James B. Petersen Archaeology Award: Sylvie Littledale

submitted by Sofia Benito Alston (’21), UVM Anthropology CommTeam

Sylvie Diana Littledale is this year’s recipient of the James B. Petersen Archaeology Award for an outstanding Anthropology graduate who is pursuing archaeology.

On April 16th, UVM celebrated its annual Student Research Conference where students get to discuss the research they have carried out. One of those students, Sylvie Diana Littledale, exhibited a poster on her fieldwork in to Peru and interactive maps she developed using GPS coordinates she collected throughout the trip.  Her supervising professor Dr. Deborah Blom reported, “Sylvie’s experiences have been invaluable in helping her to advance the research skills and anthropological theory that she learned at UVM to address important questions in anthropology and ethnohistory alike.  Her project has progressed from musings while abroad to a sophisticated and engaging thesis-length manuscript.”


After taking classes at UVM, Sylvie’s research began the summer after freshman year, in 2015, when she travelled down to Zaña, Peru with then UVM professor Dr. Parker Van Valkenburgh to work on his excavation site. She spent 2½ months there, during which time she met and worked with archaeologist Bradymir Bravo Meza. A year later, during her semester abroad in Argentina, she met with a colleague from Huarochirí and carried out archaeological surveys for a month. It was then she was first introduced to the Huarochiri Manuscript. The author is unknown, but speculated to be an indigenous scribe who wrote in Quechua using the Spanish alphabet. It is just very rare that a document of this type was written and survived.  It records oral histories such as myths, customs, festivals, conflicts and a rich geographical description of the area and terrain.  While Sylvie worked on the survey, she got to know the geography of the region and its many archaeological sites.

Sylvie’s fieldwork also allowed her to get to know the locals in the area, and she has been returning to this spot since 2016. Throughout the years, Sylvie began to form her own research project to collect oral traditions about place in different areas. Her original idea was to map the stories told to her, linking them to the Huarochirí manuscript, but the more time she spent getting to know the locals, the more her focus changed to modern legends. She worked in two villages with a total population of 47, including children, and spoke to all but one of the 29 adults there. Even though most stories told were told by more than one person, each individual had their own way of telling them.  Everyone was open and welcoming to her, excited about the opportunity at hand. To quote her directly “I hope that my gratitude to the communities of San Pedro de Llancha and San Antonio de Chinchina and to my colleagues down there, especially Bravo Meza, is expressed.”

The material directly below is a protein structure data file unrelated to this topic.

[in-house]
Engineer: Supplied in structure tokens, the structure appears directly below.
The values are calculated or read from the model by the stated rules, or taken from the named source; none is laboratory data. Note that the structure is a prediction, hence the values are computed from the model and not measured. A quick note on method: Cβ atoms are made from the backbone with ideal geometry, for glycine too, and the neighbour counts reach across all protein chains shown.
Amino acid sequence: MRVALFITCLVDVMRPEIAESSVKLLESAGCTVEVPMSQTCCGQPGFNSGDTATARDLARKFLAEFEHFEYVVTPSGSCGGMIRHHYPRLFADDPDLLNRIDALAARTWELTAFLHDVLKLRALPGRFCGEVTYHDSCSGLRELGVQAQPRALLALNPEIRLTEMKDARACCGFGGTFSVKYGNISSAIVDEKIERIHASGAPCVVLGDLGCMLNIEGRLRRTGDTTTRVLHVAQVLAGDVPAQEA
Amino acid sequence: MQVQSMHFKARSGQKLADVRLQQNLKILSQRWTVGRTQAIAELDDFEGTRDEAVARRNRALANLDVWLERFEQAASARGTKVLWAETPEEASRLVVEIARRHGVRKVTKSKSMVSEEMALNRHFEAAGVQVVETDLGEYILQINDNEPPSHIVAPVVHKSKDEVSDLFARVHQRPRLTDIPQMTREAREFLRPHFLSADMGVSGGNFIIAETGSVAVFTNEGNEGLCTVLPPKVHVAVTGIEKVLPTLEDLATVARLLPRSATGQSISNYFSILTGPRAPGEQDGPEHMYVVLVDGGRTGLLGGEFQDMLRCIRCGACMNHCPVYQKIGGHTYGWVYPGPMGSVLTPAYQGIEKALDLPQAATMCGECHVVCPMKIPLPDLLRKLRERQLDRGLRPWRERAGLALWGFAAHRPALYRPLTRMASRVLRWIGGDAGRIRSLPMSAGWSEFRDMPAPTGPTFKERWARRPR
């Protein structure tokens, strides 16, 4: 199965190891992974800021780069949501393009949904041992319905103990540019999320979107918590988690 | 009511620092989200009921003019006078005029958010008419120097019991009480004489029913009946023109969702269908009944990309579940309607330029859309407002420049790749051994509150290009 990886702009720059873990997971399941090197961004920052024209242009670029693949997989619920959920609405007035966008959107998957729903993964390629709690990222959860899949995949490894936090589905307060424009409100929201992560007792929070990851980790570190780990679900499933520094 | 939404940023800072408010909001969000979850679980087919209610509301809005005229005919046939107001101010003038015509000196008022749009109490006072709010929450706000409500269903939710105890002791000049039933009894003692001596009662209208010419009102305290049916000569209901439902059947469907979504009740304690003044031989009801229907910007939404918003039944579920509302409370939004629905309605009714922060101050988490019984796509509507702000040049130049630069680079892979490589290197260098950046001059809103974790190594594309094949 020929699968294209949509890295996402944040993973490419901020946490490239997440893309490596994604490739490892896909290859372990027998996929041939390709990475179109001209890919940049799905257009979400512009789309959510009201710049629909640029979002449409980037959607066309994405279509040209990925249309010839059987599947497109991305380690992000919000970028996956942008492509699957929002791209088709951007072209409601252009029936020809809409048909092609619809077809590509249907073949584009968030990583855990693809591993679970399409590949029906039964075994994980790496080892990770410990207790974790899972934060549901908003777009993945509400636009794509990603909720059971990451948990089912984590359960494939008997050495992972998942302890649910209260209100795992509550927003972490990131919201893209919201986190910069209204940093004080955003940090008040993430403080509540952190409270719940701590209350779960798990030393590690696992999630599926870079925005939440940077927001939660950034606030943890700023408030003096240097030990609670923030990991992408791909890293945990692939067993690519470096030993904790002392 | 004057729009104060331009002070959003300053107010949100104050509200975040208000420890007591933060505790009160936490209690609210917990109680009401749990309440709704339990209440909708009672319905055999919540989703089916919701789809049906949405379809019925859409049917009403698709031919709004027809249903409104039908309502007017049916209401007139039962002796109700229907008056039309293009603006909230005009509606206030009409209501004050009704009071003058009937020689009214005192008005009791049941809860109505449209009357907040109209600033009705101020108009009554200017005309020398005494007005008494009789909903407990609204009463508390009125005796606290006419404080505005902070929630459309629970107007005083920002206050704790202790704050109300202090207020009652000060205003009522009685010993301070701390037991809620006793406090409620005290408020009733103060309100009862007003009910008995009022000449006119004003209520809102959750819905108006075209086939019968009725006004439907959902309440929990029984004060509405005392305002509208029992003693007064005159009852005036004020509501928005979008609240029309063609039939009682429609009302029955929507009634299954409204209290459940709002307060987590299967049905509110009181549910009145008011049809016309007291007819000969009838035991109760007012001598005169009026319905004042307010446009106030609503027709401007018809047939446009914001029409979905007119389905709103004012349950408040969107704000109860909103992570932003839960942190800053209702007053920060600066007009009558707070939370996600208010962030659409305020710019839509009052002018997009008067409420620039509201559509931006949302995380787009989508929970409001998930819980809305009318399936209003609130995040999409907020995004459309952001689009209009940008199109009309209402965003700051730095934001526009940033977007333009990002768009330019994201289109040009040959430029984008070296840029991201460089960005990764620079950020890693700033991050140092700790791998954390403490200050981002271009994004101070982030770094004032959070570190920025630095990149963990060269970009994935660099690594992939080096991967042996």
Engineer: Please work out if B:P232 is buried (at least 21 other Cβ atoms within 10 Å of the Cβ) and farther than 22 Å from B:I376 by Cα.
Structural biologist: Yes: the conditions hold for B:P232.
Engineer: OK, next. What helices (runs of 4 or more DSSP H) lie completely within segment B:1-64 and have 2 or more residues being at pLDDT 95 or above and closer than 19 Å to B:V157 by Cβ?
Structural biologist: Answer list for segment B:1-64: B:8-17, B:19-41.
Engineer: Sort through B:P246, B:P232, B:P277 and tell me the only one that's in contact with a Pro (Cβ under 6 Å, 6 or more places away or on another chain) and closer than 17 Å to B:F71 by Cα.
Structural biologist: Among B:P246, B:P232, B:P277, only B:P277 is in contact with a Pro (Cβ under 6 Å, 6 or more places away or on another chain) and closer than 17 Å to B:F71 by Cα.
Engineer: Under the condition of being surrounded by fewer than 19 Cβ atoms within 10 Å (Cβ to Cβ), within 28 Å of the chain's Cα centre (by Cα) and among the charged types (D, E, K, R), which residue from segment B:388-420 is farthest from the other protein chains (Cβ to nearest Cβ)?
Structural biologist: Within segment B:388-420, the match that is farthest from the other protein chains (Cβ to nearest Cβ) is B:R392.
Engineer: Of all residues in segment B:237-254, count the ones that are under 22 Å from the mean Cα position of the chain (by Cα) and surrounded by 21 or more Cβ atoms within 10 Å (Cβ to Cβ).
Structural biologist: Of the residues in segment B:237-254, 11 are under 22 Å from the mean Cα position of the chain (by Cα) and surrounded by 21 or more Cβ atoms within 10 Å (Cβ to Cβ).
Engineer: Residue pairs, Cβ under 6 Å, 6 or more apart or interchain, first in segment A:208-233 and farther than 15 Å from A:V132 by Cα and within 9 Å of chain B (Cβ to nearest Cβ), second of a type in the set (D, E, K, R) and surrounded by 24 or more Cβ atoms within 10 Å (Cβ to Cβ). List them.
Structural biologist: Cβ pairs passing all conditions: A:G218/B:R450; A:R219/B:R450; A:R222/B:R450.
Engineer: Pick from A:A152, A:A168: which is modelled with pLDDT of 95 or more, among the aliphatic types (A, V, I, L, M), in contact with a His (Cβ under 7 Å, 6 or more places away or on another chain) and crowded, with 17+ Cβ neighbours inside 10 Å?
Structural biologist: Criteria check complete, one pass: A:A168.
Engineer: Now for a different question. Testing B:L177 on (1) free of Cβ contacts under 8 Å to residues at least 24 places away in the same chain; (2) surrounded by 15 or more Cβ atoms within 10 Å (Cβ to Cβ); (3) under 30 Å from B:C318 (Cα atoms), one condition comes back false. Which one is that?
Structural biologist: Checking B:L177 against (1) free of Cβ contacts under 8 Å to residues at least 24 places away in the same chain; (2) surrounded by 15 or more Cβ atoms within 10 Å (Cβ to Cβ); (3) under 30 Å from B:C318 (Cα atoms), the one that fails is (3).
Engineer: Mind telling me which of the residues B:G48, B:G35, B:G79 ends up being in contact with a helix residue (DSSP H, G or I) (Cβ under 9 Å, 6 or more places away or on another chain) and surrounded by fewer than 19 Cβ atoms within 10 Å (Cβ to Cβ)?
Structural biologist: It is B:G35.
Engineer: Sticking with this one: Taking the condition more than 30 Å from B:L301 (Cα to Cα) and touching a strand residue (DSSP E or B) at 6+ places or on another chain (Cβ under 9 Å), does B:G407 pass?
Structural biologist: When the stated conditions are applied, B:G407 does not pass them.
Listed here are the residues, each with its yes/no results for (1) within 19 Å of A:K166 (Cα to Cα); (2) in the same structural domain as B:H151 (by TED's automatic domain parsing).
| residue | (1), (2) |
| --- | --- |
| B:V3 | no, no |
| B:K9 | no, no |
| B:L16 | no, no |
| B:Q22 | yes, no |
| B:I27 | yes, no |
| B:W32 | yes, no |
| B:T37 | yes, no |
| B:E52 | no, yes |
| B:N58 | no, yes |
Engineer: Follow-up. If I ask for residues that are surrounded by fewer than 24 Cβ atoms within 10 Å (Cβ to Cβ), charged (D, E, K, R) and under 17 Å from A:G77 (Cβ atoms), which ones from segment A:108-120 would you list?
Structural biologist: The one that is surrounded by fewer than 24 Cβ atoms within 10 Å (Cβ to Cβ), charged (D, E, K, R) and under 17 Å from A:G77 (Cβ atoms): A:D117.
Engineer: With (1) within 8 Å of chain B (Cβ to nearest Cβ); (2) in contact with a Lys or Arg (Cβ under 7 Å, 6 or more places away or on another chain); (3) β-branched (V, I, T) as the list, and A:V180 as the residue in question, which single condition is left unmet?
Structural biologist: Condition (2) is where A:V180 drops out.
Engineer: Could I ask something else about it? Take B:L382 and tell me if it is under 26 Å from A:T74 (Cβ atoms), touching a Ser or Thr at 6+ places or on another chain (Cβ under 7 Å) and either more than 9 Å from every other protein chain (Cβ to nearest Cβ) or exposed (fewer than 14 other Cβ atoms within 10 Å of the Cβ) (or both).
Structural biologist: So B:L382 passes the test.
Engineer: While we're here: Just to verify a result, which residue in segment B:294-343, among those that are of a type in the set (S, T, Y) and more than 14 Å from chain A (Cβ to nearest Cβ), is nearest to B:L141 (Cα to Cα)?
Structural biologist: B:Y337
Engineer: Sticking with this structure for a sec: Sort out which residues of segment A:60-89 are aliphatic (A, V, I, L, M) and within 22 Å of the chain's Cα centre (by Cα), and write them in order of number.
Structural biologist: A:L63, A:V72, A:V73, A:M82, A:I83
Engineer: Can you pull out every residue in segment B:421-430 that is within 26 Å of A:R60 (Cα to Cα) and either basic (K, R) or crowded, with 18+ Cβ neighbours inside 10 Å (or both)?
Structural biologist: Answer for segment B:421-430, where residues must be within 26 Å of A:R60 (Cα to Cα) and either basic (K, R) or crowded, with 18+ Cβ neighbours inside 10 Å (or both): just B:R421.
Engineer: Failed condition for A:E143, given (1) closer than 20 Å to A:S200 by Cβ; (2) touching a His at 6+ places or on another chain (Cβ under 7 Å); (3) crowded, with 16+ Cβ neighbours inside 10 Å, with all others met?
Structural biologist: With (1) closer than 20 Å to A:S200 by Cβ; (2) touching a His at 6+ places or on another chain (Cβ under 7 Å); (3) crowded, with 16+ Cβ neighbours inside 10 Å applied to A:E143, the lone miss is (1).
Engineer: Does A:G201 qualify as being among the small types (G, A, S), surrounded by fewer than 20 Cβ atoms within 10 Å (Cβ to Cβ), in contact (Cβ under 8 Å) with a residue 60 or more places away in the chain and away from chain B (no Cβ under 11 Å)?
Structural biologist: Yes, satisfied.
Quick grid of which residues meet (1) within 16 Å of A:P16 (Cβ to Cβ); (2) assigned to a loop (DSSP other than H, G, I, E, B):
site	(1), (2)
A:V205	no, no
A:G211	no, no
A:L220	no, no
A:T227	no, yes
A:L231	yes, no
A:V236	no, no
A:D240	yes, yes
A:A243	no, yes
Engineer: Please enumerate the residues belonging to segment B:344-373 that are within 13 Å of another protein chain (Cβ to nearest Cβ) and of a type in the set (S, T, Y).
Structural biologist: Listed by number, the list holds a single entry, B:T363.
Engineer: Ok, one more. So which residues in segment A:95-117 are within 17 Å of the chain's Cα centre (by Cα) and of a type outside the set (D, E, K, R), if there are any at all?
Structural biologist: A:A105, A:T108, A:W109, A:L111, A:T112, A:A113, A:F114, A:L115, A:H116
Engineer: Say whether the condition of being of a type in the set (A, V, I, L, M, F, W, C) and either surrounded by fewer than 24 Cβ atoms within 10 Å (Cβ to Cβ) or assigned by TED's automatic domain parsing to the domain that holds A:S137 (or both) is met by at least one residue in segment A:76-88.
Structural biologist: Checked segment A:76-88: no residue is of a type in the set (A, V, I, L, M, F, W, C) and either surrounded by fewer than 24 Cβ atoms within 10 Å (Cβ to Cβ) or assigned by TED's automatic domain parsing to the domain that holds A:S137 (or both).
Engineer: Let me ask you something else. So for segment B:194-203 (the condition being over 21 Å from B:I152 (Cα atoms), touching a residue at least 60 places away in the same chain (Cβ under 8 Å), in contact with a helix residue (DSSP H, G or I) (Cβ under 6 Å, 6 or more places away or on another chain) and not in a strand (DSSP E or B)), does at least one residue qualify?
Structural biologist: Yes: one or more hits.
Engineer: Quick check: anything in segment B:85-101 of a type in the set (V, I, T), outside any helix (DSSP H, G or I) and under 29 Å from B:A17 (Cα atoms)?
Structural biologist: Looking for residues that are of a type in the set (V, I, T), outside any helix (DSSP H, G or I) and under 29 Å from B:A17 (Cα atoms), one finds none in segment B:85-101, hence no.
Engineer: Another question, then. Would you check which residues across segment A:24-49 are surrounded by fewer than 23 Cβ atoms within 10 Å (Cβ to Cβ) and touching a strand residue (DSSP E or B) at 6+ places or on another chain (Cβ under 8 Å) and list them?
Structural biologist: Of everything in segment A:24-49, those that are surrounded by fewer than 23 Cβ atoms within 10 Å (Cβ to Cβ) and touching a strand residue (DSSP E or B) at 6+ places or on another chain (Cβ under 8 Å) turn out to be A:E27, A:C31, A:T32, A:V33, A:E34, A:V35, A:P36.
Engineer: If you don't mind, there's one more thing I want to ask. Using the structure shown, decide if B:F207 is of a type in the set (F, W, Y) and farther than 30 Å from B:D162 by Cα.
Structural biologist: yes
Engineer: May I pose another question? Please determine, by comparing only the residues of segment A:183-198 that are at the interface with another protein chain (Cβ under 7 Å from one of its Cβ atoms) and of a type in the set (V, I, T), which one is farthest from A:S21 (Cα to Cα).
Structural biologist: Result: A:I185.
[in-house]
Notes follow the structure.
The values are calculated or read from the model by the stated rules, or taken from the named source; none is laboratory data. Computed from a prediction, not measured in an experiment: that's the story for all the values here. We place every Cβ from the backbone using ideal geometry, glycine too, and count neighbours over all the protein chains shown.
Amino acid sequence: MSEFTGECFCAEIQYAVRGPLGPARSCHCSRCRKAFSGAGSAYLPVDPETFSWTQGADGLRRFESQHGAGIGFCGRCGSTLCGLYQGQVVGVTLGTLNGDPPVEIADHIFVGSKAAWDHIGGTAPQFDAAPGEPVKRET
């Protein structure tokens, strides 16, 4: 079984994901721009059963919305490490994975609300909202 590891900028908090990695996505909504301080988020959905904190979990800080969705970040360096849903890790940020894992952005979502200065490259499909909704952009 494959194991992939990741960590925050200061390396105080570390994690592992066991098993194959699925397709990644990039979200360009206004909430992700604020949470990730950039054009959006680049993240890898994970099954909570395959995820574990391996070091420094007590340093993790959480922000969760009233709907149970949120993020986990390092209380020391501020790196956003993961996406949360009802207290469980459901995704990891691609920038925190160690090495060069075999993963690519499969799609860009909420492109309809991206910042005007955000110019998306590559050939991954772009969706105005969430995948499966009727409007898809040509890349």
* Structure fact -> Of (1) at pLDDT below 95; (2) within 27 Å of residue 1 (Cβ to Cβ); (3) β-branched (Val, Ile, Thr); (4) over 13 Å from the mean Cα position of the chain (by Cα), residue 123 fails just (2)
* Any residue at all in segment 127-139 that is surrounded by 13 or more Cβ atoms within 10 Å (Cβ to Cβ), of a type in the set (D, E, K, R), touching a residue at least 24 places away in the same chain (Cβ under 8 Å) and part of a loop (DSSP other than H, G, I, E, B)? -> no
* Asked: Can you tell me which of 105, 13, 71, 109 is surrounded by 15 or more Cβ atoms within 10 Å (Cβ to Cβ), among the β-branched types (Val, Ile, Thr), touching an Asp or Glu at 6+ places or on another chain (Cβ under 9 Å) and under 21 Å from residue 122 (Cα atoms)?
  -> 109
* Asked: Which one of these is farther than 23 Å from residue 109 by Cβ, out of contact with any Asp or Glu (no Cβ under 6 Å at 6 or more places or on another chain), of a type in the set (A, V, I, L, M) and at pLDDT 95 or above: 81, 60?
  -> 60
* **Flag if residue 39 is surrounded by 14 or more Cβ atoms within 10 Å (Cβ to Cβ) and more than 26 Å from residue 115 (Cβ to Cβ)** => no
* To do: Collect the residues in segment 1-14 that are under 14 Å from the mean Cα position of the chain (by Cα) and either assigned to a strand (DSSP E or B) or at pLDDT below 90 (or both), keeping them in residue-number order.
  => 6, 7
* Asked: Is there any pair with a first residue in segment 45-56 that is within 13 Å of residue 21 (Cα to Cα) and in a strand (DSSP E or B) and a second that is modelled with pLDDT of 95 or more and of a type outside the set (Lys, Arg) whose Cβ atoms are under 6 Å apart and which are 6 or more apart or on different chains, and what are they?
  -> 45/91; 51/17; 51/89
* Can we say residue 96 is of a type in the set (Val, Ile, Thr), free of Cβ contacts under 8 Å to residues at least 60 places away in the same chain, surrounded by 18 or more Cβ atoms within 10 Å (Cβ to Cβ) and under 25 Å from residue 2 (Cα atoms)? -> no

Now all this sounds beautiful and poetic, but it was two months of very hard work. Planning for a trip this big is no easy task, so when she finally landed in Peru her plans were still very up in the air. She ended up staying in the local school, which was closed for summer vacations and had no bathroom or kitchen. Her diet consisted of potatoes, rice and noodles so you can all imagine that this past year back at UVM she has steered clear of all three. It was also during the rainy season so the trips between villages, or down to the city, would sometimes be impossible. The thick fog and heavy rains completely enveloped the villages. There’s no doubt that it was a very transformative experience for Sylvie.

Sylvie’s four years at UVM were also spread out elsewhere throughout the world as she studied abroad in Spain, Argentina and Hong Kong. “I was working on my Spanish in the first two places, but was able to focus more on anthropology in Hong Kong which is where I took a class “Making Places: Landscapes, Culture and Society” that was a big part of the inspiration to do the research I am doing now.” As Sylvie’s time at UVM is ending, an internship with UVM’s Consulting Archaeology Program (CAP), directed by anthropology Professor John Crock, has allowed her to build out her experience in the US. Sylvie is carrying out a variety of projects, including GIS training and working. “I worked cataloguing in the lab, I spent a lot of time working on processing data from previous sites in GIS, and I was able to go out in the field a few times.”


Sylvie will be graduating as a double major in Spanish and Anthropology, and will be moving to Utah to go to graduate school in Brigham Young University. The list of things she would like to do include doing more mapping, moving throughout Peru and working on doing a linguistic analysis. Here’s to a fantastic student that will be greatly missed!



Comments are closed.